Good Posture And A Healthy Back

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Reduce or Eliminate Back and Neck Pain

Good Posture, Exercise and Overall Fitness Can Help

By Lettie Anderson, MSPT

Many People Suffer from Back Pain and Neck Pain

Do you find yourself slumped over your steering wheel at red lights? Do you hover over your computer on a daily basis? If so, then you may suffer from back and neck pain just like many other Americans.
Eight out of ten people suffer from back pain at some point in their lives. Of course there are many causes for this, but most back pain is brought on by poor posture and poor body mechanics. The back pain can be intermittent and last for only a few hours, but can become chronic in nature and last for months.

Avoiding Poor Posture

Poor posture can cause abnormal stress and strain on the muscles and ligaments in your spine. Over time these structures can begin to suffer mechanical breakdown which causes you to feel pain. If not corrected, this pain can become so severe that it can be quite debilitating.

Making Good Posture a Habit

What is good posture? Proper posture involves sitting, standing, or walking in an upright position that places the least amount of strain on supporting muscles and ligaments during movement or weight-bearing positions.


  • Hold your head up straight with your chin tucked in
  • Line your earlobes up with the middle of your shoulders
  • Keep your shoulder blades back with your chest forward
  • Keep your knees straight
  • Keep your stomach muscles pulled in


  • Hold your head up straight with your chin tucked in
  • Sit with your back straight and shoulder blades back
  • Your buttocks should touch the back of the chair
  • To maintain a normal curve in your low back, place a small, rolled-up towel or lumbar roll in the small of your back

Good Body Mechanics Plays A Role Too

Proper body mechanics are also very important to prevent back pain. This entails maintaining proper posture during movement. Repetitive movements done in an incorrect way can cause stresses to your muscles and ligaments that can lead to injury over time.


  • Before lifting an object, make sure that its weight is manageable for you
  • Stand with a wide stance as close as possible to the object
  • Bend down at your knees and hips maintaining your back in a straight position
  • Tighten your stomach muscles and stand up using your leg muscles

Exercise and Stretch Your Way to a Healthy Back

In order to maintain good posture and body mechanics one must have appropriate flexibility and strength in postural muscles and lumbar stabilizer muscles. The following exercises are helpful in maintaining these:

  • Chin tucks or cervical retraction: pull your chin straight back while sitting/standing up straight. Hold for 10 seconds, repeat 10-20 times.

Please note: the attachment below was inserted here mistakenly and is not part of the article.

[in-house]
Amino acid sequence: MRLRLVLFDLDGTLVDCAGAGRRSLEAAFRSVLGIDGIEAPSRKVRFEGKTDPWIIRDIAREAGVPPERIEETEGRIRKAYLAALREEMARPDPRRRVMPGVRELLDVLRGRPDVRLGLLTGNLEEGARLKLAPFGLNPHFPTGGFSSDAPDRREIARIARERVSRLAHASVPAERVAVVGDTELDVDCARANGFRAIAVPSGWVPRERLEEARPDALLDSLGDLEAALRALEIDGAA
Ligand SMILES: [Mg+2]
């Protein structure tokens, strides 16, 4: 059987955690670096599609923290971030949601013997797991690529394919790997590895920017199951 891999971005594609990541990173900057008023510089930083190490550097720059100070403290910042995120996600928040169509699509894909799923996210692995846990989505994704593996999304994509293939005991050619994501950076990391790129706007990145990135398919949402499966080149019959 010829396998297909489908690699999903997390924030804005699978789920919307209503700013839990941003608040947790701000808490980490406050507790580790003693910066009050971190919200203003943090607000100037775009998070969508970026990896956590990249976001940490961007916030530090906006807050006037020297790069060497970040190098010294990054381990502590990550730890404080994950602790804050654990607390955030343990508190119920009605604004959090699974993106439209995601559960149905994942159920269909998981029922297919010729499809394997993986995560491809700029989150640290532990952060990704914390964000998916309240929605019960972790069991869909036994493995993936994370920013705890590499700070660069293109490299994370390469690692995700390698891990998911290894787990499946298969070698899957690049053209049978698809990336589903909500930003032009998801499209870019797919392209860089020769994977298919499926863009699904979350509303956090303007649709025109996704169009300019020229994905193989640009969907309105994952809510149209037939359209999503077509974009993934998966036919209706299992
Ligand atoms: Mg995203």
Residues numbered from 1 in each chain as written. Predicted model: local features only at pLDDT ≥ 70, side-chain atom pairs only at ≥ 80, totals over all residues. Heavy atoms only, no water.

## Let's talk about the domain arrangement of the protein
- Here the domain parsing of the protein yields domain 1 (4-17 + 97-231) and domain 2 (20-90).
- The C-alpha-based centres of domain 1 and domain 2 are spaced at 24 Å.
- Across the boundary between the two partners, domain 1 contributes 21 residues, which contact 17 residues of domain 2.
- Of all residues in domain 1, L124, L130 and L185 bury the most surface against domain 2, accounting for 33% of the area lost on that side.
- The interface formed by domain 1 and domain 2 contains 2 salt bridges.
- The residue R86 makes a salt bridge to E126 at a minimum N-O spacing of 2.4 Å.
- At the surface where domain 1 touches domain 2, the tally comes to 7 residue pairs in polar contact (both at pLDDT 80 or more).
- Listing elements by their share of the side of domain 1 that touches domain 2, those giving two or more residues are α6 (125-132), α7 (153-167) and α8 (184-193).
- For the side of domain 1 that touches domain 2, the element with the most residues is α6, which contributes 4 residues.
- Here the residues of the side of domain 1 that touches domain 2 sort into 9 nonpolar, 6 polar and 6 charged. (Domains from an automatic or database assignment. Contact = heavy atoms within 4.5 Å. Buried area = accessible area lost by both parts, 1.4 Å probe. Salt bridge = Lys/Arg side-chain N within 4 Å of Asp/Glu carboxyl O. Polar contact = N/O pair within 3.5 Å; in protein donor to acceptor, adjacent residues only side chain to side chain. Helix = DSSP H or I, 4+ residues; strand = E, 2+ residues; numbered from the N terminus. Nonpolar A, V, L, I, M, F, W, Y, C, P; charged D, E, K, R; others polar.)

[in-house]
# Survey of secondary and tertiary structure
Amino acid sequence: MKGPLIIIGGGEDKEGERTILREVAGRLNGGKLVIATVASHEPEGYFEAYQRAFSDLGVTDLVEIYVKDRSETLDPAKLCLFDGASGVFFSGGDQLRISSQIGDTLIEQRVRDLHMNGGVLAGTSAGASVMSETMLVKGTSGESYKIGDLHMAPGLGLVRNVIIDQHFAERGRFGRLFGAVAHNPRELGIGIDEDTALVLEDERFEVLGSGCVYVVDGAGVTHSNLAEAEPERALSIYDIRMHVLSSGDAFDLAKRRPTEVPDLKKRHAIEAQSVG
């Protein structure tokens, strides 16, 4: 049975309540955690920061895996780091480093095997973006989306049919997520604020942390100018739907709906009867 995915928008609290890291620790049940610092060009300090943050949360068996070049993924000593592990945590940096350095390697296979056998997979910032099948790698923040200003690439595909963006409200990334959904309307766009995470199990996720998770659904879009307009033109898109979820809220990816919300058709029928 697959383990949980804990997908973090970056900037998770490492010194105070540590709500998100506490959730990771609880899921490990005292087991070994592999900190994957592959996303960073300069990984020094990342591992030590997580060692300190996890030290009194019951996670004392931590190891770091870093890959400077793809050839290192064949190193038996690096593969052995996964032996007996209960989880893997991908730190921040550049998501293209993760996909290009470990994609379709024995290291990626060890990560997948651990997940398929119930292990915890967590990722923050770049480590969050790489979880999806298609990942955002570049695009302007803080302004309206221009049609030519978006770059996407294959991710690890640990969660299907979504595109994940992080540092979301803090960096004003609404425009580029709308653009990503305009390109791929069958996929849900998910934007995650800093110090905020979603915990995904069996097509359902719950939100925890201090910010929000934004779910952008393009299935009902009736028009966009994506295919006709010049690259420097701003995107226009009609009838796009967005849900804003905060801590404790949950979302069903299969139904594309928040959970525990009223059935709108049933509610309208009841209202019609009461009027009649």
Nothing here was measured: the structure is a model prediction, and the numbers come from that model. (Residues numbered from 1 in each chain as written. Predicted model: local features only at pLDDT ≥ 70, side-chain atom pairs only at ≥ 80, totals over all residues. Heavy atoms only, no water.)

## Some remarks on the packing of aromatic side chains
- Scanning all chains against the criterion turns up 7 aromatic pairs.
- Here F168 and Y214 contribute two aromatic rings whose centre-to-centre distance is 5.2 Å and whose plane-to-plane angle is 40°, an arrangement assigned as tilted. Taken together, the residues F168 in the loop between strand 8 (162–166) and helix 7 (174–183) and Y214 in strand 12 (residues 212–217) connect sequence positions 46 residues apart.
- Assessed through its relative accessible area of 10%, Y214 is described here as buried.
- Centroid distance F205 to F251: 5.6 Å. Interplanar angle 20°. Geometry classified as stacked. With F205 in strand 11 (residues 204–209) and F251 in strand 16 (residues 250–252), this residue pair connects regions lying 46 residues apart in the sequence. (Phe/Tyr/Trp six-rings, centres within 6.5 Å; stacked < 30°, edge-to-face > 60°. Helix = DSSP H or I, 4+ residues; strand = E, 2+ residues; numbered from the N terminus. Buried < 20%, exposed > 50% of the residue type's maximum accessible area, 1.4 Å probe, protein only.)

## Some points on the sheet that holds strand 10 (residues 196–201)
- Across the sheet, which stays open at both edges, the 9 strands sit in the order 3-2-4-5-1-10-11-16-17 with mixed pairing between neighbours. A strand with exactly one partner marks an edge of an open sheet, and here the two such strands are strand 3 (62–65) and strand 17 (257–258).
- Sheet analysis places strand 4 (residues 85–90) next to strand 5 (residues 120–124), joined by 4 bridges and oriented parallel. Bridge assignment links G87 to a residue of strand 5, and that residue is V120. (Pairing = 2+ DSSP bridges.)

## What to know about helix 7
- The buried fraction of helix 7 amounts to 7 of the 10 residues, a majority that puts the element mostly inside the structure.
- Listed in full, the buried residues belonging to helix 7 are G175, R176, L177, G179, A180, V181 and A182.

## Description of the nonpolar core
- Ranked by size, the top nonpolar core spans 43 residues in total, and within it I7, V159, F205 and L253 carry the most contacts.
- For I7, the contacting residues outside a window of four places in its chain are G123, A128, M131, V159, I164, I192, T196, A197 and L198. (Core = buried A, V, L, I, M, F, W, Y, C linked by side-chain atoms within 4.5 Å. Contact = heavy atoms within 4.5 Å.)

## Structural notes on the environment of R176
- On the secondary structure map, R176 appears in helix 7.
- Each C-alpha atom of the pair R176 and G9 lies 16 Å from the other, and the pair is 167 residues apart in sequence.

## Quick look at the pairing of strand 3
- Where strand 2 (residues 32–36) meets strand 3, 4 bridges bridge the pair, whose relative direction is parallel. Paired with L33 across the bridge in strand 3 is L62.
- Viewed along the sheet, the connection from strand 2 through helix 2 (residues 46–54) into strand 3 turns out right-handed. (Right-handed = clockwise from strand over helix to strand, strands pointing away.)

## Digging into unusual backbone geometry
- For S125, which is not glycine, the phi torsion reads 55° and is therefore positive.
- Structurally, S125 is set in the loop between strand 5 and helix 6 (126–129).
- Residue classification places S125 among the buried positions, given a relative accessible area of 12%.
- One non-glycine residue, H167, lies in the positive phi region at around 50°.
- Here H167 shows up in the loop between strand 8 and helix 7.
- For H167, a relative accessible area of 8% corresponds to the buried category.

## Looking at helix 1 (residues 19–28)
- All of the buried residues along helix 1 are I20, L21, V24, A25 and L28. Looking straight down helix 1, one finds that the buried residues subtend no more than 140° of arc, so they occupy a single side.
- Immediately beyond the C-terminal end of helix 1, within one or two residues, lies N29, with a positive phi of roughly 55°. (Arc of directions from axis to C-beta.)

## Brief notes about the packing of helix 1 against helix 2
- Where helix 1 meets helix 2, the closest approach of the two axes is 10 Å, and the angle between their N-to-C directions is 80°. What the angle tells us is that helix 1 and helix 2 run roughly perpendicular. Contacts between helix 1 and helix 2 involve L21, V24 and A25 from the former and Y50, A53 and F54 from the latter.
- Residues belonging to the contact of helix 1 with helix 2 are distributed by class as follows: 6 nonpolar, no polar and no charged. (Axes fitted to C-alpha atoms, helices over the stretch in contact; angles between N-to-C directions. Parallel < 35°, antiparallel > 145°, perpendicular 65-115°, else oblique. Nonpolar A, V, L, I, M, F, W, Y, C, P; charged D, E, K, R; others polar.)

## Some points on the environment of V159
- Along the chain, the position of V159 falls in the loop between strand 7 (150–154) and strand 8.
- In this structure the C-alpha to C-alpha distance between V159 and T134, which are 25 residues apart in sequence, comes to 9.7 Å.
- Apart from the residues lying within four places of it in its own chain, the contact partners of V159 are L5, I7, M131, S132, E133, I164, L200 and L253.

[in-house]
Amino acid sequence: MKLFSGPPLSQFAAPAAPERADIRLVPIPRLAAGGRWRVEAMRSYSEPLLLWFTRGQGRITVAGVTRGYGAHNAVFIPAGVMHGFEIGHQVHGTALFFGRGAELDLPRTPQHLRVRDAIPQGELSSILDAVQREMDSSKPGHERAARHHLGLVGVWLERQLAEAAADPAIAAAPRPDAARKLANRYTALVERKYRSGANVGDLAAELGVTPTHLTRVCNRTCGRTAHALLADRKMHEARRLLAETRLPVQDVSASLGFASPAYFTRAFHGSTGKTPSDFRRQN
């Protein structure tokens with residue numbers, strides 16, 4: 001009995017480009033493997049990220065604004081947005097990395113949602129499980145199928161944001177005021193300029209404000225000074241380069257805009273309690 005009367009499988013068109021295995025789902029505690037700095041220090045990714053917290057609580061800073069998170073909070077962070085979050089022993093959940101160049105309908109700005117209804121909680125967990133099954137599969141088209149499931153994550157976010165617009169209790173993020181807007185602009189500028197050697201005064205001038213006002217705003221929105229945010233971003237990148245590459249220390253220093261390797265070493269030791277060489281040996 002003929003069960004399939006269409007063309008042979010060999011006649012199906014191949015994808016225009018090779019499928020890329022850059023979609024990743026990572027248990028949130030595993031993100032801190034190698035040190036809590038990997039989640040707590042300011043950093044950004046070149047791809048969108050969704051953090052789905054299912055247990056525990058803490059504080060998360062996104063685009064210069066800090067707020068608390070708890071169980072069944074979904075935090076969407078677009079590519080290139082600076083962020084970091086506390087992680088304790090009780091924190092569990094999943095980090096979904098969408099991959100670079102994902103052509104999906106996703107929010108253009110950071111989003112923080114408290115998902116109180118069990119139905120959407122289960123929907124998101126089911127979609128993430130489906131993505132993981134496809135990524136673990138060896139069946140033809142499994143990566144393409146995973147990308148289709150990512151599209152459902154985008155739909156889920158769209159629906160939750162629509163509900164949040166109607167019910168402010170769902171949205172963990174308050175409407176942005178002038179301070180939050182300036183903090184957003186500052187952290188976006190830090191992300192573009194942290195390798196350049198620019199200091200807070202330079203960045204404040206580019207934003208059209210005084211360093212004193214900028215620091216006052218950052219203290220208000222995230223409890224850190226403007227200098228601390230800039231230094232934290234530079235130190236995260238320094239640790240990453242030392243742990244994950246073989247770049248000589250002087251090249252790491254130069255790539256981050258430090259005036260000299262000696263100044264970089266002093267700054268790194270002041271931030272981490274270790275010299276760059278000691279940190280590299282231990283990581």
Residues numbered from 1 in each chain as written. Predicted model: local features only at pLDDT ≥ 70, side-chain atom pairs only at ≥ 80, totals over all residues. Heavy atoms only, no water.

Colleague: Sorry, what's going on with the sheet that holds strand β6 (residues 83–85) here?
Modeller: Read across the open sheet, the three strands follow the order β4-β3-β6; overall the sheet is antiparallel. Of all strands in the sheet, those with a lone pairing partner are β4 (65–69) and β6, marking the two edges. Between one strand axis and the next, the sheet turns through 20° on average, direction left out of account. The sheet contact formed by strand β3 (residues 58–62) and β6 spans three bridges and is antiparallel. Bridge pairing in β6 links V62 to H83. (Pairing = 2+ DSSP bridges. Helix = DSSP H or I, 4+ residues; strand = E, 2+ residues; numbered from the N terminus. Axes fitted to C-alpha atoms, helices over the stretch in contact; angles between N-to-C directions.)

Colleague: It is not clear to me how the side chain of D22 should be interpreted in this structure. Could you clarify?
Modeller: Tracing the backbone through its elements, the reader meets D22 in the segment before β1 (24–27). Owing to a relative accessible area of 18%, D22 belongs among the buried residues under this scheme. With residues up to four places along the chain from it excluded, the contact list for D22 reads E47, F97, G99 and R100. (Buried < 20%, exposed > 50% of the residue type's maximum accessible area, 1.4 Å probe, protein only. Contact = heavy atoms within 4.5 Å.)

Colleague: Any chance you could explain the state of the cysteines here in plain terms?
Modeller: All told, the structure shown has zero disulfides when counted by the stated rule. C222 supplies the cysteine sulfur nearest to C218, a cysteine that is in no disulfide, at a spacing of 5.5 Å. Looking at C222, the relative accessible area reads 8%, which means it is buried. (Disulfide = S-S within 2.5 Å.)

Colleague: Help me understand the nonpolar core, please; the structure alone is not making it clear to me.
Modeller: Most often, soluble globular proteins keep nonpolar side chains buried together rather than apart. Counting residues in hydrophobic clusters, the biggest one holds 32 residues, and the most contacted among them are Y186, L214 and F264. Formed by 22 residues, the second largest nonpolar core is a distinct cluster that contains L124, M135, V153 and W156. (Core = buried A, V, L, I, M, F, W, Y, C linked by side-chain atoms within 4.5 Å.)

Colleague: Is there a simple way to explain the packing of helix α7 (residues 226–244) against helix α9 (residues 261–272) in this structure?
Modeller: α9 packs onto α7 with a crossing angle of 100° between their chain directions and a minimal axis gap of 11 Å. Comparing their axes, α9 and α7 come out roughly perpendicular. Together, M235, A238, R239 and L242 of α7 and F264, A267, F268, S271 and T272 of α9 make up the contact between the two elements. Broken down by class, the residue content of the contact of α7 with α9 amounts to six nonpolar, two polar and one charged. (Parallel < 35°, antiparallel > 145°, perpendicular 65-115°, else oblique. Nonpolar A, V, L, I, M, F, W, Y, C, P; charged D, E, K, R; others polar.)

• Scapular squeezes: pull your elbows behind you while squeezing your shoulder blades together. Hold for 5 seconds, repeat 10-20 times.
  • Pectoral stretch: Stand in a doorway with each hand behind doorjamb, step through the doorway with one leg. The stretch is felt across the chest. Hold for 30 seconds and repeat 3 times.
  • Hamstring stretch: Lie on your back with your knees bent. Bring one knee toward your chest, holding behind the knee, and attempt to straighten the leg as far as possible. The stretch is felt in the back of the thigh and calf. Hold for 30 seconds and repeat 3 times.
  • Abdominal Crunches: Lie on your back with your knees bent. Squeeze in your abdominal muscles and gently lift your upper body up only until you clear your shoulder blades from the floor. Lower your upper body slowly back to the floor. Repeat 10-30 times.

Overall Fitness, Posture and Body Mechanics Work Together to Eliminate or Reduce Back or Neck Pain

Maintaining your overall body fitness can help prevent injury. Proper posture and correct body mechanics are important tools to living a healthy life without neck or back pain.

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Artificial Disc Replacement

At Sierra Regional Spine Institute, we believe that the future is restoration of anatomy and function through motion. The artificial disc replacement is the answer to that problem. Sierra Regional Spine Institute continues to be a leader in Nevada when disc replacement surgery is needed.
It is a surgical procedure in which degenerated intervertebral discs in the spinal column are replaced with artificial disc implants in the lumbar or cervical spine.

The procedure is used to treat chronic, severe low back pain and cervical pain resulting from degenerative disc disease.

Artificial disc replacement has been developed as an alternative to spinal fusion, with the goal of pain reduction or elimination, while still allowing motion throughout the spine. Another possible benefit is the prevention of premature breakdown in adjacent levels of the spine, a potential risk in fusion surgeries.

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Revision Spine Surgery

Revision spine surgery is a surgery procedure performed in certain patients to correct the problems of earlier spine surgery. Revision surgery is only when working with patients who experience chronic pain or any worsening symptoms even after the initial surgery.
Other factors that can indicate the need for revision spine surgery include: